The Punahou basketball community lost a great one recently with the death of Charles “Bud” Scott on June 22.
Scott, the winningest coach in the long and storied history of the Buffanblu hoops program, was 88. He also coached at Laupahoehoe and Hilo on the Big Island, and finished with a career mark of 224-59. His involvement in Hawaii high school athleteics spanned from 1952 to 1991.
In 2014, Scott was given the Ka‘i Alapa Award by the Punahou O-Men, presented to one person annually since 2012 to those who have made significant contributions to the Punahou athletic department.
At the time of that award, Chris McLachlin, who coached volleyball and basketball at Punahou for nearly four decades, said to Scott: “You taught me that there are only two things that really matter as a coach: organization and enthusiasm, and you have both of them.”
Scott also served as associate athletic director at Punahou, from 1978 until he retired in 1991.
The people who Scott has coached or coached with form a veritable who’s who of Punahou and statewide athletics. Aside from McLachlin are Dave Eldredge, Pal Eldredge, Kale Ane, Mosi Tatupu, Norm Chow, Charlie Wedemeyer and Duane Akina, among many others.
In his run as Punahou’s head varsity basketball coach from 1959 through 1974 (with the exception of 1962, when he took a leave to complete his masters degree at the University of Washington), 1970 may have been the high mark.
“Punahou’s first state championship in 1970 was sweet,” his son, Kyle Scott, wrote in an email to Hawaii Prep World. “Farrington was the team to beat as it had beaten Punahou to win the ILH championship. During warmups, assistant coach Norby Mendes pointed out that the old HIC scoreboard was hanging lower than usual. I saw that too. Dad looked up and just smiled. The game was hard fought. Punahou took the lead, gaining a spurt from its full-court press. Sure enough, when Farrington was making a run, (the Governors’) Cliff Laboy threw the ball what would have been the length of the court. But the ball hit the low hanging scoreboard. (The referee) signaled the ball out of bounds, Punahou’s ball. No comeback. Laboy eventually fouled out.”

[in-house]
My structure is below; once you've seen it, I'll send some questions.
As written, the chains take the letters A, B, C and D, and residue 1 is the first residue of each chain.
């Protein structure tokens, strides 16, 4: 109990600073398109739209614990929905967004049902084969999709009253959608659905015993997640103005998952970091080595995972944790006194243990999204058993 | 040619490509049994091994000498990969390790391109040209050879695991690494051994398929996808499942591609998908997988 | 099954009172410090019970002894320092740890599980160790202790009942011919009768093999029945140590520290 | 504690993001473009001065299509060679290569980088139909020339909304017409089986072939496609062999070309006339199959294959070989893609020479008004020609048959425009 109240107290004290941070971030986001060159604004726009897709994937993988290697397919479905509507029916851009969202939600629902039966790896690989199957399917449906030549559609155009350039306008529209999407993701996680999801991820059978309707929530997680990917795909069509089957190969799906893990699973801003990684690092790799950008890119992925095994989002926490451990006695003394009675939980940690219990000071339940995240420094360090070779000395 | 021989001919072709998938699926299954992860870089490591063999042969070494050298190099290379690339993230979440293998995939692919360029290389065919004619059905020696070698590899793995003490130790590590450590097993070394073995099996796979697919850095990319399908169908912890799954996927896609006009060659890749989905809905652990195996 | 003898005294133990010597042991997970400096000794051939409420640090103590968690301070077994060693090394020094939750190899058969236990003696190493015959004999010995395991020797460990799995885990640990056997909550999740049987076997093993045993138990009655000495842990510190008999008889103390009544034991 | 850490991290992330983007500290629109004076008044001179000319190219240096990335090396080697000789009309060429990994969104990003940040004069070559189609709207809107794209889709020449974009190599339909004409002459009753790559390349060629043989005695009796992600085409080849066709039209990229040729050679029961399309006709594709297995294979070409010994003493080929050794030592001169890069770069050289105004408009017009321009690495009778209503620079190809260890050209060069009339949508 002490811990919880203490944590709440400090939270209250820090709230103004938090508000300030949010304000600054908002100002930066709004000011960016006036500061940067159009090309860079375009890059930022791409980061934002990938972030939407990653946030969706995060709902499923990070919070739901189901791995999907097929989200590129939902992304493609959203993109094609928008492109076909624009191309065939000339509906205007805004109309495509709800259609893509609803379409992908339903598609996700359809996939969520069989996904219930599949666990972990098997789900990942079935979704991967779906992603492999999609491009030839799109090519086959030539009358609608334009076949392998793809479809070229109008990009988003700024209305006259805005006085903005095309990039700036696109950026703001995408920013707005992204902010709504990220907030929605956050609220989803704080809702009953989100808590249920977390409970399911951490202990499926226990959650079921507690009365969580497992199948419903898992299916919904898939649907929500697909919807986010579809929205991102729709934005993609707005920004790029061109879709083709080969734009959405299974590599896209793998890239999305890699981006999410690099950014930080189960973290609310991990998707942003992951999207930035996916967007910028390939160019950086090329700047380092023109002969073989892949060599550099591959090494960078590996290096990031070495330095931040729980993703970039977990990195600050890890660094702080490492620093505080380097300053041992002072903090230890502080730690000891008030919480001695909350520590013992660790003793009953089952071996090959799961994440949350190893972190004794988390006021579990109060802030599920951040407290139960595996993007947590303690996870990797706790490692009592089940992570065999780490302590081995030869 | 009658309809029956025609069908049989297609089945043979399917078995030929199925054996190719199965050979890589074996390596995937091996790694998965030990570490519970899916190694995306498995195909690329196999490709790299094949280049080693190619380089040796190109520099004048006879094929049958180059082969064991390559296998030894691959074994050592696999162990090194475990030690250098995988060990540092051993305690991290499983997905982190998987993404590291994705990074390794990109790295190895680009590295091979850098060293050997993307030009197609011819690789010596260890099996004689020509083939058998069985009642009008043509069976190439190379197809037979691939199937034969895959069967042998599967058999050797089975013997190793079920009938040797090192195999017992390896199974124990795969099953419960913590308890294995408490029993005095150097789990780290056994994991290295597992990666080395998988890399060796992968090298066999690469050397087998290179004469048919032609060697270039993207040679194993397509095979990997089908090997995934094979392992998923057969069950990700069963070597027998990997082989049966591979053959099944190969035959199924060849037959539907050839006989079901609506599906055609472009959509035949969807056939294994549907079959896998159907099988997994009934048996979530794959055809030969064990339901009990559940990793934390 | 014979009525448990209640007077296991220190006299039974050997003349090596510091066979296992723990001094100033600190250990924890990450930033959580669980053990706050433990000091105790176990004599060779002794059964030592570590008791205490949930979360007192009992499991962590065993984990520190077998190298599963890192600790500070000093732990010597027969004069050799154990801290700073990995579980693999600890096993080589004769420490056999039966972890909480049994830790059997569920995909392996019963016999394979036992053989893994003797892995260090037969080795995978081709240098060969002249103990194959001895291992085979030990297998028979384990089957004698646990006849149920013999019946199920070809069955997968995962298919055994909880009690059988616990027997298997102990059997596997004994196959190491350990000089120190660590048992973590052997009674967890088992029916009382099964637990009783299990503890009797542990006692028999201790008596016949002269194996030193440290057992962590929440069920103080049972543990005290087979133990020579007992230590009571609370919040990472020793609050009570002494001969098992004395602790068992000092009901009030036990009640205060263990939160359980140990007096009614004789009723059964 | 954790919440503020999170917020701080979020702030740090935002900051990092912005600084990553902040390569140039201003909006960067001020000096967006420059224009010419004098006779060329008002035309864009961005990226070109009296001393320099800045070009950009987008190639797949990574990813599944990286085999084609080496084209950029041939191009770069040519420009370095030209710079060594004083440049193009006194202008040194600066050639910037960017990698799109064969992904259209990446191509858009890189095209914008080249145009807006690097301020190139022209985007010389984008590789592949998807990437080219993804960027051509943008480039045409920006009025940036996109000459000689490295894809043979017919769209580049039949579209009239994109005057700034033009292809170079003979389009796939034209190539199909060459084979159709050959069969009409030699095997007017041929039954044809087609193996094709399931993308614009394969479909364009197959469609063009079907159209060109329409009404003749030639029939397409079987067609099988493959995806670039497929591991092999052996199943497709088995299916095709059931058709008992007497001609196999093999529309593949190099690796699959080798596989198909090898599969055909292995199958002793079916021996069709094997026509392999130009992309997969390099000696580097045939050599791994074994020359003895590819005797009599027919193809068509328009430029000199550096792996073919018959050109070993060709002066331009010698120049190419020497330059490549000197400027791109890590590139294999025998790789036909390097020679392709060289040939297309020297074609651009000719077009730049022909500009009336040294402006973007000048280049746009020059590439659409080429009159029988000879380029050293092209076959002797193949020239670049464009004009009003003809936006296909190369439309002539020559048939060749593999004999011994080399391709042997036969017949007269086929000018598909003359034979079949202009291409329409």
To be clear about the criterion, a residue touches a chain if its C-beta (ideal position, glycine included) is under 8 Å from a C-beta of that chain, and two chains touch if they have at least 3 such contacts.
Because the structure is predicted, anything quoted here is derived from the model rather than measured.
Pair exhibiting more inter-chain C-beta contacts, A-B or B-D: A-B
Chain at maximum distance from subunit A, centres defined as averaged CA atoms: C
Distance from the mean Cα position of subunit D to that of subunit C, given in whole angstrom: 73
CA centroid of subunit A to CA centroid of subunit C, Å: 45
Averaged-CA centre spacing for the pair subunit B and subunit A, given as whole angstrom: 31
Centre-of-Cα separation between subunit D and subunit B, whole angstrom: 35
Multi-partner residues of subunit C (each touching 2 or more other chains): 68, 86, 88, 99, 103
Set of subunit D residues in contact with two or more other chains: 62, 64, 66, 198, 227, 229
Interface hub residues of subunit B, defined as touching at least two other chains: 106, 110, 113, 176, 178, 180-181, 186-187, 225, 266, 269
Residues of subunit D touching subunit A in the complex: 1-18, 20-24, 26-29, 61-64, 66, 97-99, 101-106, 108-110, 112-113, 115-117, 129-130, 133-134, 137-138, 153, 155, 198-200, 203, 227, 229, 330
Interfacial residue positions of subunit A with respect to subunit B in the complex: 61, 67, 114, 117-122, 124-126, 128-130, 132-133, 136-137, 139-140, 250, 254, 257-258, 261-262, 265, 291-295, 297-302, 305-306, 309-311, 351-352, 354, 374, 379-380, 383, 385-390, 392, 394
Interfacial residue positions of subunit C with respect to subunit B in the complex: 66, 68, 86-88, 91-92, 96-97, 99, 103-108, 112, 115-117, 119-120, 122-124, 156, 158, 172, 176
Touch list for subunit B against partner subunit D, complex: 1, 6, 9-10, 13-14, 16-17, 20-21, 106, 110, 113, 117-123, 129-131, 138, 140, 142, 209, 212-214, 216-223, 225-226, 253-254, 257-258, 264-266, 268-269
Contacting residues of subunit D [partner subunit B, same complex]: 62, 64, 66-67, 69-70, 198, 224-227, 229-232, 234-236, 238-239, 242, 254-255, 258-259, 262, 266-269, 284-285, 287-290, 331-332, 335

The 1974 state title team was also special, according to Kyle Scott.
“Dad considered his 1974 state championship team one of Punahou’s best,” Kyle wrote in the email. “It featured starters James Kaimikaua, Duane Akina, Mosi Tatupu, Ia Saipaia and Keith Uperesa. Winning the state championship was part of that assessment, but what I think really endeared this team to dad was their unselfish play. They hustled, communicated on the court, and let the hot hand take the lead depending on the game situation. Duane Akina said to me recently regarding the 1974 team, “He took a bunch of good athletes in ’74 and turned them into a disciplined, fundamental basketball team.”
Bud Scott, who was raised in Seattle before moving to Hawaii in 1952, was a baseball enthusiast before tuning into basketball. He eventually became a student of the hardwood game.
Wrote Kyle: “He traveled to the mainland to visit national coaches for their speeches or to their clinics. Once, during a lecture by John Wooden, he left with 15 pages of handwritten notes. He also wrote articles for various coaching and interscholastic publications. Dad scripted every practice in great detail, sometimes down to five or seven minutes for an activity. He used team conditioning as a competitive advantage, focused on fundamentals, man to man and full-court defense, and teamwork. I remember watching dad’s practices. How he energetically managed the flow, blowing his whistle, jumping in to show how it’s done, demonstrating something as basic as footwork, or teaching the rocker step. And, he would speed down the court himself to show a player what full speed meant. And, of course, good citizenship and being a model student-athlete were important and something he stressed as a team condition.”
Akina, now the defensive backs coach at Stanford, credited his own father as being the coach that influenced him the most in a TexasSports.com interview in 2007. Asked who else had a big impact, and Akina’s answer was, “I would say my high school basketball coach, Bud Scott, who was a fundamentally driven kind of guy.”
Bud Scott played in the Hawaii Baseball League for the Cosmopolitan Hawks at Honolulu Stadium. He also coached track and field, golf and intermediate and JV baseball at Punahou.
Aside from the two state titles with Punahou, he led the Buffablu to five ILH crowns (1964, 1969, 1971, 1972, 1973). He also earned one Big Island Interscholastic Federation championship, with Hilo in 1957.
Other notables who Charles “Bud Scott” coached include:
>> Norman Mizuguchi, former state senator
>> Dr. Jim Scott, Punahou head of school
>> Hisao Sato, former Laupahoehoe athletic director who is in the Oregon high school baseball coaches hall of fame
>> Robert Stevens, former Radford principal
>> Danny Ayala, former Big Island fire chief
>> Larry Johnson, former Bank of Hawaii CEO